What have been your best/worst moments on-set?
Best: These always happen when I’m in a good collaboration with other HoDs and a talented director. When the shot comes together, as you originally envisioned it would, is always a good moment.
Worst: Not sure, but an example of a bad/embarrassing moment on-set was when I accidentally walked in on a half-naked Phil Jones in the Manchester United locker-rooms on a commercial. Our eyes met awkwardly, I froze and then slowly backed out of the room. I went on pretending it never happened.
What was the biggest challenge on your latest production?
Keeping energy levels up with the team on-set in a bedraggled café all through the night.
"I once shot in a peculiar house with a life-sized, taxidermied giraffe floating from three large helium balloons. In a separate room were a unicorn on a grand piano and a six-foot alligator on its hind legs, holding a silver tray, wearing a crown.
I have pictures."
- James Oldham
Tell us your most hilarious faux pas?
A few hilarious and embarrassing moments happened at Camerimage 2017, but we can’t possibly talk about them. What happens in Bydgoszcz, stays in Bydgoszcz!
Away from work, what are your greatest passions?
Writing and recording songs. They’re on Spotify (click to visit), so let me know what you think.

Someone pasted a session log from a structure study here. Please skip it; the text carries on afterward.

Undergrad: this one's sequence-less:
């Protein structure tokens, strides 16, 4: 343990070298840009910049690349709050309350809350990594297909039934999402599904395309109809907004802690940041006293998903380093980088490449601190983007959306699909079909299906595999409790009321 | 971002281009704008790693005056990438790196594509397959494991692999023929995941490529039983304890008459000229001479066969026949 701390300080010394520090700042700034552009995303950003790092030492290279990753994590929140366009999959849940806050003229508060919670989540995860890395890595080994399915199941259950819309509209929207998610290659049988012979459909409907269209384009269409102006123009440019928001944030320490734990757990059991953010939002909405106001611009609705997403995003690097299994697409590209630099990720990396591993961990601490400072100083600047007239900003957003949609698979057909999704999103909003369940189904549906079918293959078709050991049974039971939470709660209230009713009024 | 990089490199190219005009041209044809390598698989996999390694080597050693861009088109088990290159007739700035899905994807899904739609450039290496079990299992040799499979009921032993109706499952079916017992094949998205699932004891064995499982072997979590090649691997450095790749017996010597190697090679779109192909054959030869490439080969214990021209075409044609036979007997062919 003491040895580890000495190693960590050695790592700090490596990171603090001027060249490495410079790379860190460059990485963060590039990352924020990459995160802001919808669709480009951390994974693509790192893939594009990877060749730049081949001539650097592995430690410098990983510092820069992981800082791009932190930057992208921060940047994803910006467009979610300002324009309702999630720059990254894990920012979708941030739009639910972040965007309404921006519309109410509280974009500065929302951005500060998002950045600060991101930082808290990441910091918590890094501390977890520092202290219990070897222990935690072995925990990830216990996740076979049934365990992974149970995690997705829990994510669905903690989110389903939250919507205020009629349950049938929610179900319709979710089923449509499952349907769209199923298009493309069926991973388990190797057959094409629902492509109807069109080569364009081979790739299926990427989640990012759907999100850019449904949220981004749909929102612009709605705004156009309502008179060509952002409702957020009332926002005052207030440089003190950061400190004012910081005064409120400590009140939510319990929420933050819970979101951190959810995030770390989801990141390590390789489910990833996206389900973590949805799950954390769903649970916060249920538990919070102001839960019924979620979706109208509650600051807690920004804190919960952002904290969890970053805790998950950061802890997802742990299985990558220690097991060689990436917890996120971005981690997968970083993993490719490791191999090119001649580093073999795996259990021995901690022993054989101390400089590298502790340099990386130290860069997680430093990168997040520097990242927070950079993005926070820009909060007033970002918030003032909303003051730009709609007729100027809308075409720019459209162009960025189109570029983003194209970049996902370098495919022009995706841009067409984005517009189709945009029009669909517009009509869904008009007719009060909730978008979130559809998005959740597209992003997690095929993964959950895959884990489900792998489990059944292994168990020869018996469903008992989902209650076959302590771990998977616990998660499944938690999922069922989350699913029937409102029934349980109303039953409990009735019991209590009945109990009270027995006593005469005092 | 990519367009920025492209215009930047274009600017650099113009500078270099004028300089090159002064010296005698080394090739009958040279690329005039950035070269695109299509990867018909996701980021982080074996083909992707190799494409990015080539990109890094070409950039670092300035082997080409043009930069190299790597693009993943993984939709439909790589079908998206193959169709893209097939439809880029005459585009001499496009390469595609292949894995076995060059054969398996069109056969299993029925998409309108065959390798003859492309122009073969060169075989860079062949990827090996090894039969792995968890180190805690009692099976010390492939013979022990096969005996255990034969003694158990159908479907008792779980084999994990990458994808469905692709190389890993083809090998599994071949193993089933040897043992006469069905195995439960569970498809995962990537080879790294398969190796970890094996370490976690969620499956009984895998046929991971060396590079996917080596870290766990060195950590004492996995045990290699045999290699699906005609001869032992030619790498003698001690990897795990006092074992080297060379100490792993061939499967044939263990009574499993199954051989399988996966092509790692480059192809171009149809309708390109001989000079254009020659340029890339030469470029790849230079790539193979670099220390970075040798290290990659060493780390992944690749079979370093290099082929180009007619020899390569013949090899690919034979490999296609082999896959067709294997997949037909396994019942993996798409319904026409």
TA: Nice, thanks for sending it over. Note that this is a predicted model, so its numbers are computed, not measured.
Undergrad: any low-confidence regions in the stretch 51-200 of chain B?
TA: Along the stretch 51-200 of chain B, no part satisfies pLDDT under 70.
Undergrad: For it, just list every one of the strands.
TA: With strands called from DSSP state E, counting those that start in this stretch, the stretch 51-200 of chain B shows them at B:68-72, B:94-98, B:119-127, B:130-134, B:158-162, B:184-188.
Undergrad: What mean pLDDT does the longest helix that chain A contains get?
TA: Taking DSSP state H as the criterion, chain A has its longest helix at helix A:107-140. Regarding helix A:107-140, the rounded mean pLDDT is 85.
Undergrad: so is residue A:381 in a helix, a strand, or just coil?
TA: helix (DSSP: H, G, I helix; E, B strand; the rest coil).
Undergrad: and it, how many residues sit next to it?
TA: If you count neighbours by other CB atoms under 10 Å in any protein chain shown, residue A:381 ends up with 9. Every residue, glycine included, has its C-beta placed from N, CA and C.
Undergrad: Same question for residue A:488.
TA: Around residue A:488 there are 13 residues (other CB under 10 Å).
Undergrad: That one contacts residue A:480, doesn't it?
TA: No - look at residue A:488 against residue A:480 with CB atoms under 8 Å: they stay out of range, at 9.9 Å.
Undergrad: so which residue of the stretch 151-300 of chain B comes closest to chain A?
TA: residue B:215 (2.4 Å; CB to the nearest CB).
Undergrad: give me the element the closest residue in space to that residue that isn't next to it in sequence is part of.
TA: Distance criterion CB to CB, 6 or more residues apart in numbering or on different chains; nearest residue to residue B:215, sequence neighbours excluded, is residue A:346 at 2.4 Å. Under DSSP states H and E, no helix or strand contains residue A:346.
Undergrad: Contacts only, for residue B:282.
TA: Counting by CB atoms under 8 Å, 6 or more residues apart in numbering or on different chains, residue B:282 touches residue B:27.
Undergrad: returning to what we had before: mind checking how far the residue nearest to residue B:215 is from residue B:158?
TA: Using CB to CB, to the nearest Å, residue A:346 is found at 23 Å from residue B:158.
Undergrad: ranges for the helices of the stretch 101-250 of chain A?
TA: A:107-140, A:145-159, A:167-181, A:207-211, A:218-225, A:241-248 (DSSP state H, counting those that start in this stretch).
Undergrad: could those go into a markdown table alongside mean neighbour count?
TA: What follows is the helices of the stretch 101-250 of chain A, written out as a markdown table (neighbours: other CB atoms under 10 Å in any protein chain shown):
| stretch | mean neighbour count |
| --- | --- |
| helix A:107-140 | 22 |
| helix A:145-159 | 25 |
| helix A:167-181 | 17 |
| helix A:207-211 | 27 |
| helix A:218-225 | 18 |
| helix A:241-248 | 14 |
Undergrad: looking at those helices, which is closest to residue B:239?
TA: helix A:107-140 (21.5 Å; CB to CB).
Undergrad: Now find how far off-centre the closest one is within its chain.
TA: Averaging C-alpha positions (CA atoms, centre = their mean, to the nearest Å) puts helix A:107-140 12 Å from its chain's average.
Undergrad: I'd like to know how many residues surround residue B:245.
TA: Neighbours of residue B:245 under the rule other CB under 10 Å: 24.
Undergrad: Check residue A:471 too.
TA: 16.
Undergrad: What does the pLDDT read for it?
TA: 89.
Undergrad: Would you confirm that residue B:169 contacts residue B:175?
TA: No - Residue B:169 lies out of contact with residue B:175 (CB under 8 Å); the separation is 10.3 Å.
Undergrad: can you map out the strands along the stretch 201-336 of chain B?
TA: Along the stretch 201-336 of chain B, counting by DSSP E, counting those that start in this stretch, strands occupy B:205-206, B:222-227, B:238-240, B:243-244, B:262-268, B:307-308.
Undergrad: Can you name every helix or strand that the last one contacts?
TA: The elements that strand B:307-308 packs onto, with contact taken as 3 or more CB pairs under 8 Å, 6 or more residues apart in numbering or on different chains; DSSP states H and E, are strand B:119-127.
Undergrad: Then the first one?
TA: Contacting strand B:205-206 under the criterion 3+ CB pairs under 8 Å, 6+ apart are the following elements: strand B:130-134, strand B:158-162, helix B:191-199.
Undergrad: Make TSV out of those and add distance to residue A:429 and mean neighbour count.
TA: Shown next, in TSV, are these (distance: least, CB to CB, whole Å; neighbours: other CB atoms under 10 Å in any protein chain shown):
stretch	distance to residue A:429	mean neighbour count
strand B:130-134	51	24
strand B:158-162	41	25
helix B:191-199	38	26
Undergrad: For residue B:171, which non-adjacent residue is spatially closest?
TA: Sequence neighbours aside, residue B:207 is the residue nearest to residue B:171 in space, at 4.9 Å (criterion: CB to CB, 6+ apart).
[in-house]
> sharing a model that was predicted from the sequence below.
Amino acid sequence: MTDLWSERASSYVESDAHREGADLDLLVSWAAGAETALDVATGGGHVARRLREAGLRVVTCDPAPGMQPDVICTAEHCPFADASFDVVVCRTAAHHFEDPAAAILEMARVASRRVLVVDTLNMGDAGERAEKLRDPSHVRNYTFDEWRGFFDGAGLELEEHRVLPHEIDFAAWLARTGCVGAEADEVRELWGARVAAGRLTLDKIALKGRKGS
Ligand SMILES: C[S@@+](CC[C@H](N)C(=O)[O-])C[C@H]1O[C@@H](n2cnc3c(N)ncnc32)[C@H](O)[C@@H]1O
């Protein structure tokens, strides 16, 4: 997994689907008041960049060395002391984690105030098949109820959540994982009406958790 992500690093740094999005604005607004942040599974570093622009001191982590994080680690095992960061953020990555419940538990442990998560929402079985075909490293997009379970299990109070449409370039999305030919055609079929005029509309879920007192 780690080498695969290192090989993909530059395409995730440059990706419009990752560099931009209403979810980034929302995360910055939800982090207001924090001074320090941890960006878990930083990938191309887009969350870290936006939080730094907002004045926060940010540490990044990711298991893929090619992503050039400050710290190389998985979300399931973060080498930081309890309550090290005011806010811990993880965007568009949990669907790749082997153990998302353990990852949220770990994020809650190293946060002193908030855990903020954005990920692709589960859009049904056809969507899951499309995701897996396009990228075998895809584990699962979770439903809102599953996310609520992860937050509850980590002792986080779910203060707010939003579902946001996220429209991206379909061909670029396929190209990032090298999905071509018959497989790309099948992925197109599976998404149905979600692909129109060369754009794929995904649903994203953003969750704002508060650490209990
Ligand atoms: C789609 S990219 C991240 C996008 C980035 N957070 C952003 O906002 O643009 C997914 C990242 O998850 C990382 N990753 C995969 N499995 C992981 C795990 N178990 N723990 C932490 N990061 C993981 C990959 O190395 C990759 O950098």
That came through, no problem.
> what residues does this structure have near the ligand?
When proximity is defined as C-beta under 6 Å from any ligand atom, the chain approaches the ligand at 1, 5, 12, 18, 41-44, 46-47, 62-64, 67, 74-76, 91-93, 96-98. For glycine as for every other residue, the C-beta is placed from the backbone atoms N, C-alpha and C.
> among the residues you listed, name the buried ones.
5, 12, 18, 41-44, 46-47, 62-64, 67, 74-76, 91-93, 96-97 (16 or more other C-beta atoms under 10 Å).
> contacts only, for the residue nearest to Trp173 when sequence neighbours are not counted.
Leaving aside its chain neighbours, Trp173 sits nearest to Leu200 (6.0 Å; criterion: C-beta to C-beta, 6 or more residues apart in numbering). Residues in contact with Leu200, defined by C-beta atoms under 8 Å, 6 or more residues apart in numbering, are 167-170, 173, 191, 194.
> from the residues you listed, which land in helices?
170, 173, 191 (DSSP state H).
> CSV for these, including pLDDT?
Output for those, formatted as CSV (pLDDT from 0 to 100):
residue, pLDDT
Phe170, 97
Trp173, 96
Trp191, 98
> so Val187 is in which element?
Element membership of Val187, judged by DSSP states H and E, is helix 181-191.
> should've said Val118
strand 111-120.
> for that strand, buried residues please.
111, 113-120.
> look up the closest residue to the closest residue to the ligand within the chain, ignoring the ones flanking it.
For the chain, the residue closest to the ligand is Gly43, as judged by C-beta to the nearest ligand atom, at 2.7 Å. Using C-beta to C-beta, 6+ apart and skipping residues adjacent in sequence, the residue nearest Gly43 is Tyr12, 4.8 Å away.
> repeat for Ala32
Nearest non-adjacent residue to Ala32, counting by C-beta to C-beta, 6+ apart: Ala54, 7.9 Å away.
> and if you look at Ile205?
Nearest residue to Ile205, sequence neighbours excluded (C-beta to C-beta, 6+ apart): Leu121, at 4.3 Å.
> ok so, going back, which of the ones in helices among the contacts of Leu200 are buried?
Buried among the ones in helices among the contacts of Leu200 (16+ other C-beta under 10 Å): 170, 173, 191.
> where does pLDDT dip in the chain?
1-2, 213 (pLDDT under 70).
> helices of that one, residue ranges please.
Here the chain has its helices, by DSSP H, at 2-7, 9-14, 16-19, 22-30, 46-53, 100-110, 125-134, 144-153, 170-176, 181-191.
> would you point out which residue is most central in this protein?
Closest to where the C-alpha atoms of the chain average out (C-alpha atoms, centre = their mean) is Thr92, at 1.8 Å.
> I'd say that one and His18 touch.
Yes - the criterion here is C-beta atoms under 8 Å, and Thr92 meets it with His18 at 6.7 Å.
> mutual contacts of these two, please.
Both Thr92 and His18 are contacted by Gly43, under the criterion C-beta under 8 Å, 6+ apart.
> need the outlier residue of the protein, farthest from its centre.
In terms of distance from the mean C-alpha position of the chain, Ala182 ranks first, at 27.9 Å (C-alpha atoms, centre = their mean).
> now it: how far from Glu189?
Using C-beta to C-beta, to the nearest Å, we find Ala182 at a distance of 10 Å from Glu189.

I also like mountain biking. There’s always lots of opportunity to do that up in the Pennines where I live.
What one piece of kit could you not live without?
What’s the weirdest place you’ve ever shot in?
I once shot in a peculiar house with a life-sized, taxidermied giraffe floating from three large helium balloons. In a separate room were a unicorn on a grand piano and a six-foot alligator on its hind legs, holding a silver tray, wearing a crown. I have pictures.
What’s the hardest shot/thing you’ve had to light/frame?
When I was starting out, in commercials, I had to shoot and light a few corner shower cabins that had curved reflective doors. Due to the tracking movement in the scene, it was difficult to minimise reflections. We used a combination of poly, coloramas and muslin to make the crew and camera disappear. It was a good learning curve (pun intended, of course).
Tell us your hidden talent/party trick?
In the entire history of filmmaking, which film would you love to have shot?
Either Roundhay Garden Scene (1888, dir/DP Louis Aimé Augustin Le Prince), or The Shawshank Redemption (1994, dir. Frank Darabont, DP Roger Deakins CBE BSC ASC).
What are your current top albums?
Pink Floyd ‘Dark Side Of The Moon’, Vulfpeck ‘The Beautiful Game’ and John Mayer ‘The Search For Everything’.
Tell us your greatest extravagances?
My wife, my house and my guitar... in that order.
Which three adjectives best describe you and your approach to cinematography?
Simple. Thoughtful. Creative.
If you weren’t a DP, what job would you be doing now?
What are your aspirations for the future?
To create meaningful work and to be happy with the moment at any given time. I’d quite like to shoot my first feature-length picture soon too.